Meanwhile, back in the US the members of Group B were having travel difficulty of their own. 3 members of Group B were departing from one of the western states, to meet with the other two members in Atlanta. The other 2 members then departed from Minnesota. Both flights, however, did not succeed in their attempts to land in Atlanta. Severe weather prompted one plane to land in Memphis, while the other diverted to Birmingham. Eventually all 5 did make it to Atlanta, but not before this team caused another international flight to be delayed. Obviously through no fault of their own.
So it is with this in mind that you are brought back to yours truly. Phil had left Welkom about an hour before me so that he could stop at a mall in Joburg with Kimmie and Okuhle. I was to bring Mpho, Gladys, and Maria and meet them at McDonalds before picking up the team at the airport. Just for fun, we'll call Phil's car Group Phil, and The Pines van Group Lou.
Group Lou receives a phone call from Uncle Brian informing us that the Atlanta flight is going to be delayed by two hours, thus prompting Group Lou to contact Group Phil and arrange to meet at the mall. Phil and Lou agreed that malls may not be the root of all evil but they are closely connected. However, two hours at the mall seemed more agreeable than two hours in the McDonald's Play Place.
On the way up, Group Phil had experienced severe rainfall, something totally unheard of in the month of August here. By time Group Lou traversed the same stretch of road, the rain had begun to mix with snowflakes. Let me clarify that statement by relating to you the time that our housemothers began to reminisce about the snowfalls they had experienced in their lifetimes. Our oldest housemother is 60 something and she remembered a grand total of 5 snowfalls. So yesterday was a bit unusual.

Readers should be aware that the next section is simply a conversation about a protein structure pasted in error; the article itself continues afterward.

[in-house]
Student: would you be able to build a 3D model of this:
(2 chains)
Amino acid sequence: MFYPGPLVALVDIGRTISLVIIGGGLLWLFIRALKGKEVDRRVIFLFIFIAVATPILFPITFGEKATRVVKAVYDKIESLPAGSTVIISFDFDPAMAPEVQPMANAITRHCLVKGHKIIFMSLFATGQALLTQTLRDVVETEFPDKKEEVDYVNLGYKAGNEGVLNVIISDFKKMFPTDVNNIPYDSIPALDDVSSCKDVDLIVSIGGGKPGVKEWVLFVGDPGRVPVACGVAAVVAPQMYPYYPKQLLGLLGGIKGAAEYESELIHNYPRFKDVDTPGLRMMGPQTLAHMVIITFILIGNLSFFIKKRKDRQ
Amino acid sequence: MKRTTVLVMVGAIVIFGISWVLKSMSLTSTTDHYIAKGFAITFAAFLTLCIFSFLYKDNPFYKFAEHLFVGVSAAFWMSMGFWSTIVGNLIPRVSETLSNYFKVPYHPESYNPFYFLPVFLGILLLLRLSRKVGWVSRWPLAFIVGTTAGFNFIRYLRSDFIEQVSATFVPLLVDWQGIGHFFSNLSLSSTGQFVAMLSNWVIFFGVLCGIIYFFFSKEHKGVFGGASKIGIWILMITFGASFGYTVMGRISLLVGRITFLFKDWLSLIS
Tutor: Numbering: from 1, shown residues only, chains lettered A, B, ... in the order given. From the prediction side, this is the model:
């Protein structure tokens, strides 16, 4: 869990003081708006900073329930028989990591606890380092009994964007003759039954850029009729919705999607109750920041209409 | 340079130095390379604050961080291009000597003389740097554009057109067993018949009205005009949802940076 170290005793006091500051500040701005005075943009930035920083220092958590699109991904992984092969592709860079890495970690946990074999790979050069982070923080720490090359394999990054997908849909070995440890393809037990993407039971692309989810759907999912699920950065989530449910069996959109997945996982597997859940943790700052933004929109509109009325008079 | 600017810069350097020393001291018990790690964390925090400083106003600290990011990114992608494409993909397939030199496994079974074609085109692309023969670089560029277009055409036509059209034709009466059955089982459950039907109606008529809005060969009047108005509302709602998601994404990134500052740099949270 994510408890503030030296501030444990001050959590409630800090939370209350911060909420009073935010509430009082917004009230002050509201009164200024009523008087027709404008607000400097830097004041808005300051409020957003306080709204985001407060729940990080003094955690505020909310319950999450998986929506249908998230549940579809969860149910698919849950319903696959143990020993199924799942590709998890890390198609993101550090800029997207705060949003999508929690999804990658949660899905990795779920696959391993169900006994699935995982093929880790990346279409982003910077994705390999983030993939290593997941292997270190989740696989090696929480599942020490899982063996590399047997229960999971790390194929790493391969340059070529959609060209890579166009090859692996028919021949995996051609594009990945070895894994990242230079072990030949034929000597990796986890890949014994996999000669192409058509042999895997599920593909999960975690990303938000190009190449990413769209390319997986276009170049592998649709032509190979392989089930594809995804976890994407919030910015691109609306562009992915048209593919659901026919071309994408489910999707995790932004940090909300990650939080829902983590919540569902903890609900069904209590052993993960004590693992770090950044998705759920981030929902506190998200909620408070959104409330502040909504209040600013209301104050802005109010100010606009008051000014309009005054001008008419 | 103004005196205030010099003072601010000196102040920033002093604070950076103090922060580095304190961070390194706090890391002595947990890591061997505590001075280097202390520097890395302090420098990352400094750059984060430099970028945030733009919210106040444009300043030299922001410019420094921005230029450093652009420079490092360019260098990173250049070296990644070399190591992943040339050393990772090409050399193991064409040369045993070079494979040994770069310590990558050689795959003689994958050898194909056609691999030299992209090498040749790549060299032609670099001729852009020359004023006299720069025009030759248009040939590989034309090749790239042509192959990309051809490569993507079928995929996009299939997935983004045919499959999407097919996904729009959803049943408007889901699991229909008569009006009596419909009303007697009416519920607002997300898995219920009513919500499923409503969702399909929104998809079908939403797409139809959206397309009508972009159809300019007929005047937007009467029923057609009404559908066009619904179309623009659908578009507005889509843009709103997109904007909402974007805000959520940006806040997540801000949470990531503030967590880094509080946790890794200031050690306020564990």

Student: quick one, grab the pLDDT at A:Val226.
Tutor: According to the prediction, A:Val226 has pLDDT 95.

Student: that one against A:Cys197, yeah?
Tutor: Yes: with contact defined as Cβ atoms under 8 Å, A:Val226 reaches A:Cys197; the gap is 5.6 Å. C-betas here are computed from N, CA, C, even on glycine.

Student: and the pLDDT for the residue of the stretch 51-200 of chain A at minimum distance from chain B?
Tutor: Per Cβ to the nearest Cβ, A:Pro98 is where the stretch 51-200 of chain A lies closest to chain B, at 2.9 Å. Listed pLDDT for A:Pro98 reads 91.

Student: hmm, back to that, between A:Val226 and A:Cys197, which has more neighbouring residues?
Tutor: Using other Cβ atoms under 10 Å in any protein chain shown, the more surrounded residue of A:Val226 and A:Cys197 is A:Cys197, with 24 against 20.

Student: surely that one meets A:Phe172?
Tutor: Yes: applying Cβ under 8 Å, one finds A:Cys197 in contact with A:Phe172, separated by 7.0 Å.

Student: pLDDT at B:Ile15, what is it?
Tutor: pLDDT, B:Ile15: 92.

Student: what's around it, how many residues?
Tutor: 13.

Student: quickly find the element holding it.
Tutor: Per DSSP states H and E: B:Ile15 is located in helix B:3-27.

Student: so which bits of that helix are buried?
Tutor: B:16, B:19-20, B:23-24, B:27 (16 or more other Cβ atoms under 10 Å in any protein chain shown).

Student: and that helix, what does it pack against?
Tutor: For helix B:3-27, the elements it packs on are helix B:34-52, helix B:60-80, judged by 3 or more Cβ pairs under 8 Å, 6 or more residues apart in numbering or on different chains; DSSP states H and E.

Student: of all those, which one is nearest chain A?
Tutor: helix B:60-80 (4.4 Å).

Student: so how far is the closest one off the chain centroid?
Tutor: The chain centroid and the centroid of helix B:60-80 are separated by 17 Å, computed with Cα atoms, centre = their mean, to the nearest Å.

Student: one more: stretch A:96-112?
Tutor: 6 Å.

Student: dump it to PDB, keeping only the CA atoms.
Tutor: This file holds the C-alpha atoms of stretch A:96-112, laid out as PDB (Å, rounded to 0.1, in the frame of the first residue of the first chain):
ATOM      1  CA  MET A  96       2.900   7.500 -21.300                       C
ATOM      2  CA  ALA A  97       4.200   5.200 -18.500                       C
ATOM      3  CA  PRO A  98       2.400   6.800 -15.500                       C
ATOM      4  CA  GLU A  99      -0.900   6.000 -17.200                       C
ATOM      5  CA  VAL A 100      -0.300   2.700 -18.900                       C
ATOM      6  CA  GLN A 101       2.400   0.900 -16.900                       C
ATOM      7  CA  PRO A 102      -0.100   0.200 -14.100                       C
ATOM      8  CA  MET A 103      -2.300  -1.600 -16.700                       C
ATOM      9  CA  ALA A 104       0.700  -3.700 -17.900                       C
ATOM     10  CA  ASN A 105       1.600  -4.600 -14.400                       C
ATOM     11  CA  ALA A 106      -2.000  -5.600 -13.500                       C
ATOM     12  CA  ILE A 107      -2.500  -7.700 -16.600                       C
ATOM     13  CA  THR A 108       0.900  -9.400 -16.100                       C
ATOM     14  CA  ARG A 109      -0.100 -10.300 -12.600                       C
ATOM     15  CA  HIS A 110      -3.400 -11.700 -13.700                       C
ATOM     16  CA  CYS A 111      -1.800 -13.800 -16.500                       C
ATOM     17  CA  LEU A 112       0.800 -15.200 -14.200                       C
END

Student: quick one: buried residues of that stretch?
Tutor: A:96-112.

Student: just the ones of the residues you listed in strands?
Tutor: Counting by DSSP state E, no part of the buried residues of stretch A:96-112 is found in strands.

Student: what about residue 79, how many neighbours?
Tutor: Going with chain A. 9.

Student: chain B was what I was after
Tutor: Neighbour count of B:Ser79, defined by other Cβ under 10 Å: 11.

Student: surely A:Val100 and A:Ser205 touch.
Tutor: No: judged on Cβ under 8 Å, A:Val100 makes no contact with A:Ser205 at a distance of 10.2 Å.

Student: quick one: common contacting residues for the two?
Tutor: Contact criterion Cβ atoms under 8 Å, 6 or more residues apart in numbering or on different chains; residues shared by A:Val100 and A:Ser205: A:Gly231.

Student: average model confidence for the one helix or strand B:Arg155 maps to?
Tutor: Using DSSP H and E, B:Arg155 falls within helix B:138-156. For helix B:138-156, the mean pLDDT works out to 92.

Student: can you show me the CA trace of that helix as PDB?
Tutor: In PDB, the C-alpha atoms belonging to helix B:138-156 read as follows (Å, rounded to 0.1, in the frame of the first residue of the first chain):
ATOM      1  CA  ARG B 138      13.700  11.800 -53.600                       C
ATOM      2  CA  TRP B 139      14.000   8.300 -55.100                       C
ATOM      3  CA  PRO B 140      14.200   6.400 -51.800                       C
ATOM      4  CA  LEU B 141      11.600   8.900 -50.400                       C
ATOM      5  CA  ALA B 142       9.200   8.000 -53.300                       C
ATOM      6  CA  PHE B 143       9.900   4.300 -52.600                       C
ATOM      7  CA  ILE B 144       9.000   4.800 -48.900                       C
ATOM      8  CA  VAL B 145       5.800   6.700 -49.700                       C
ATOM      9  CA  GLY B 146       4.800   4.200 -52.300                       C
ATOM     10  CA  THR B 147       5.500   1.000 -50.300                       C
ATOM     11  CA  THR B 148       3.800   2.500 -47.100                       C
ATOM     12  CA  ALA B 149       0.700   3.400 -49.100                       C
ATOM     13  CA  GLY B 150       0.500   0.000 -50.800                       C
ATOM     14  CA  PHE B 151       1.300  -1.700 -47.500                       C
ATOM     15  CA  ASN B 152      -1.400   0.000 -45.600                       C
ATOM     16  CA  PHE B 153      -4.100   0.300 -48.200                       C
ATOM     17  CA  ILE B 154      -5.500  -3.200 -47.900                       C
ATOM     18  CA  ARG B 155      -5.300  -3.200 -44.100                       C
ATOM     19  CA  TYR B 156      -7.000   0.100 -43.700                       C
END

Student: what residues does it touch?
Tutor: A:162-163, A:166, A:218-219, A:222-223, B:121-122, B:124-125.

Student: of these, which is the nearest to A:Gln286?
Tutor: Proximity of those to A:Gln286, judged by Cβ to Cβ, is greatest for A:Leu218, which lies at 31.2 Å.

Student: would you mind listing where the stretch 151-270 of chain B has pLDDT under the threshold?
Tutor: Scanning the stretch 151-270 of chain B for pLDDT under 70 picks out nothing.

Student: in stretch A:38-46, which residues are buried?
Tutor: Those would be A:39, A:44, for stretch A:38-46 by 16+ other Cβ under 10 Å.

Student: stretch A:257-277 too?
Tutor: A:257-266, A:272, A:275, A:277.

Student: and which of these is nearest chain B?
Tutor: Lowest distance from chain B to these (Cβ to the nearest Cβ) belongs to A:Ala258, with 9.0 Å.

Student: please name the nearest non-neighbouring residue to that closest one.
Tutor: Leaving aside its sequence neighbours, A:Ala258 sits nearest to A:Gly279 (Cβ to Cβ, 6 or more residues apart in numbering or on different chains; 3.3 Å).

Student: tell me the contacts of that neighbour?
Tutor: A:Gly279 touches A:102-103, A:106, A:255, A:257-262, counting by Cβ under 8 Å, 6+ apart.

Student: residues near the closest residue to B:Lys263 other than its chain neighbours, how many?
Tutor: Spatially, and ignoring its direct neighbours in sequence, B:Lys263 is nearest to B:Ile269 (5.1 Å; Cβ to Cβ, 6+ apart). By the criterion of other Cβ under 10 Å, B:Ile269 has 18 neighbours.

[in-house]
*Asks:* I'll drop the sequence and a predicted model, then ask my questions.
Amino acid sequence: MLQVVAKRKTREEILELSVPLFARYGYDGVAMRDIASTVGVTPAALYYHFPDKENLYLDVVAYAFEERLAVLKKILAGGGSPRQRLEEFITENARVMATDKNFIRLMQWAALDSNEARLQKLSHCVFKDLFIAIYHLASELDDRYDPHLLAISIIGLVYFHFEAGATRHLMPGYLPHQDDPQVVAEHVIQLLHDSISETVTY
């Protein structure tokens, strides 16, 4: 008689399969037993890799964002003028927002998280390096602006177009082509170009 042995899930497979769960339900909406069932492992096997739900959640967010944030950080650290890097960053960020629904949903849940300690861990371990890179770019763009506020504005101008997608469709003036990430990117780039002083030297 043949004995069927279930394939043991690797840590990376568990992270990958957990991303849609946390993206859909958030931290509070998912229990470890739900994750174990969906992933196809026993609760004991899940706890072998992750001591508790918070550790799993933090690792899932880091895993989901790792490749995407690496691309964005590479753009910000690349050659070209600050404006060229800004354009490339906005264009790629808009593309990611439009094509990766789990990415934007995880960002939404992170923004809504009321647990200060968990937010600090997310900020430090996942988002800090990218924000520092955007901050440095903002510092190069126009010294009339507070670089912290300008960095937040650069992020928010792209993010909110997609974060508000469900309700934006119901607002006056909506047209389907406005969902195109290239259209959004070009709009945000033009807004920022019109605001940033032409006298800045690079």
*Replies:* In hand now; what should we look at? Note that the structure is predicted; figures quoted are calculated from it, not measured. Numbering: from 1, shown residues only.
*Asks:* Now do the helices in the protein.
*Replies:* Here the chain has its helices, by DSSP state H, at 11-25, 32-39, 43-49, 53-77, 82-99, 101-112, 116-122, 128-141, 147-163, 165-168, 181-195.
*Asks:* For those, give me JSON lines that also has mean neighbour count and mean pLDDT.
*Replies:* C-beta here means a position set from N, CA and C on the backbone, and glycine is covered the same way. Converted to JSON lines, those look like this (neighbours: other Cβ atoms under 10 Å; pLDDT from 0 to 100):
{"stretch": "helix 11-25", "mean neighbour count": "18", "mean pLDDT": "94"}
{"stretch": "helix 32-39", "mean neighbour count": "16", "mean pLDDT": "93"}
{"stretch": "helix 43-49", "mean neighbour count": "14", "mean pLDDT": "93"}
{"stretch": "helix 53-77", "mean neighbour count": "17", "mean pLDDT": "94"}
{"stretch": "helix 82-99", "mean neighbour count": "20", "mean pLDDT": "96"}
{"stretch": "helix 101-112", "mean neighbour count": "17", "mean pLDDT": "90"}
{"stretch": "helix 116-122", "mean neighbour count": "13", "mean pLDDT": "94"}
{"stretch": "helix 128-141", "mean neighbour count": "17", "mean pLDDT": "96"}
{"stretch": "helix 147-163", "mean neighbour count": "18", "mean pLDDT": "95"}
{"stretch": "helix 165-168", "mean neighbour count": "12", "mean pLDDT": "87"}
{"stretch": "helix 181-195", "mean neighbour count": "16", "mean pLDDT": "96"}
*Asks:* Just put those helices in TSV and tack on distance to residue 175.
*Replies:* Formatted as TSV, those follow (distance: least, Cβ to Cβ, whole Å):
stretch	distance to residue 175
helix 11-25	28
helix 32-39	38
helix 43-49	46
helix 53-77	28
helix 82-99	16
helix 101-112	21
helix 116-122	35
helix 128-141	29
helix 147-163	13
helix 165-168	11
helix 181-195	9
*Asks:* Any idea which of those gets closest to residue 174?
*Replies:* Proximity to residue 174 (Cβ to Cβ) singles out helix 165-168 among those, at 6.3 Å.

By the time Group Lou was almost to the mall, the rain/snowflakes had turned to pea-sized hail. We quickly found a parking space, then entered the mall to reunite with Group Phil. The kids then enjoyed a McValue meal, and from there we meandered around the mall, spending most of our time looking through books in the various book vender establishments.
Upon leaving the mall we discovered that The Pines van was completely dead. As in "No electrical spark whatsoever." We attempted to push-start it a couple times, with no apparent success. Eventually a couple emerged from the mall and offered their assistance. The boyfriend ran to his car to get his jumper cables (both Group Phil and Group Lou were missing their sets for various reasons), and said boyfriend quickly returned to say that he had just taken his car to the shop and had forgotten to put his tools/jumper cables back into said car. Fortunately he did have a tow rope, and using that he was able to pull Phil around the busy lot, gaining enough speed to eventually drop the clutch and get it started.
We goosed the engine a few times, then drove to the airport, making sure not to stall it out along the way. Once we arrived at the airport we decided to wander around until the team arrived. I must point out that we were not aware they were arriving in two separate groups, with one significantly earlier than the other. In the midst of our meandering through JNB, we discovered Group A shivering together in the food court. We spent the next hour+ enjoying some fellowship while waiting for the arrival of Group B.
I am happy to report that all were united in one happy team reunion, and no luggage was lost. The trip home, although quite late, was uneventful. Except that the dome light in the back of the van turned on all by itself about halfway home. So it is possible that propensity to turn itself on caused the dead battery. Doubtful, but possible.
And that is why Chip's question of "What does your typical day look like?" caused me such amusement.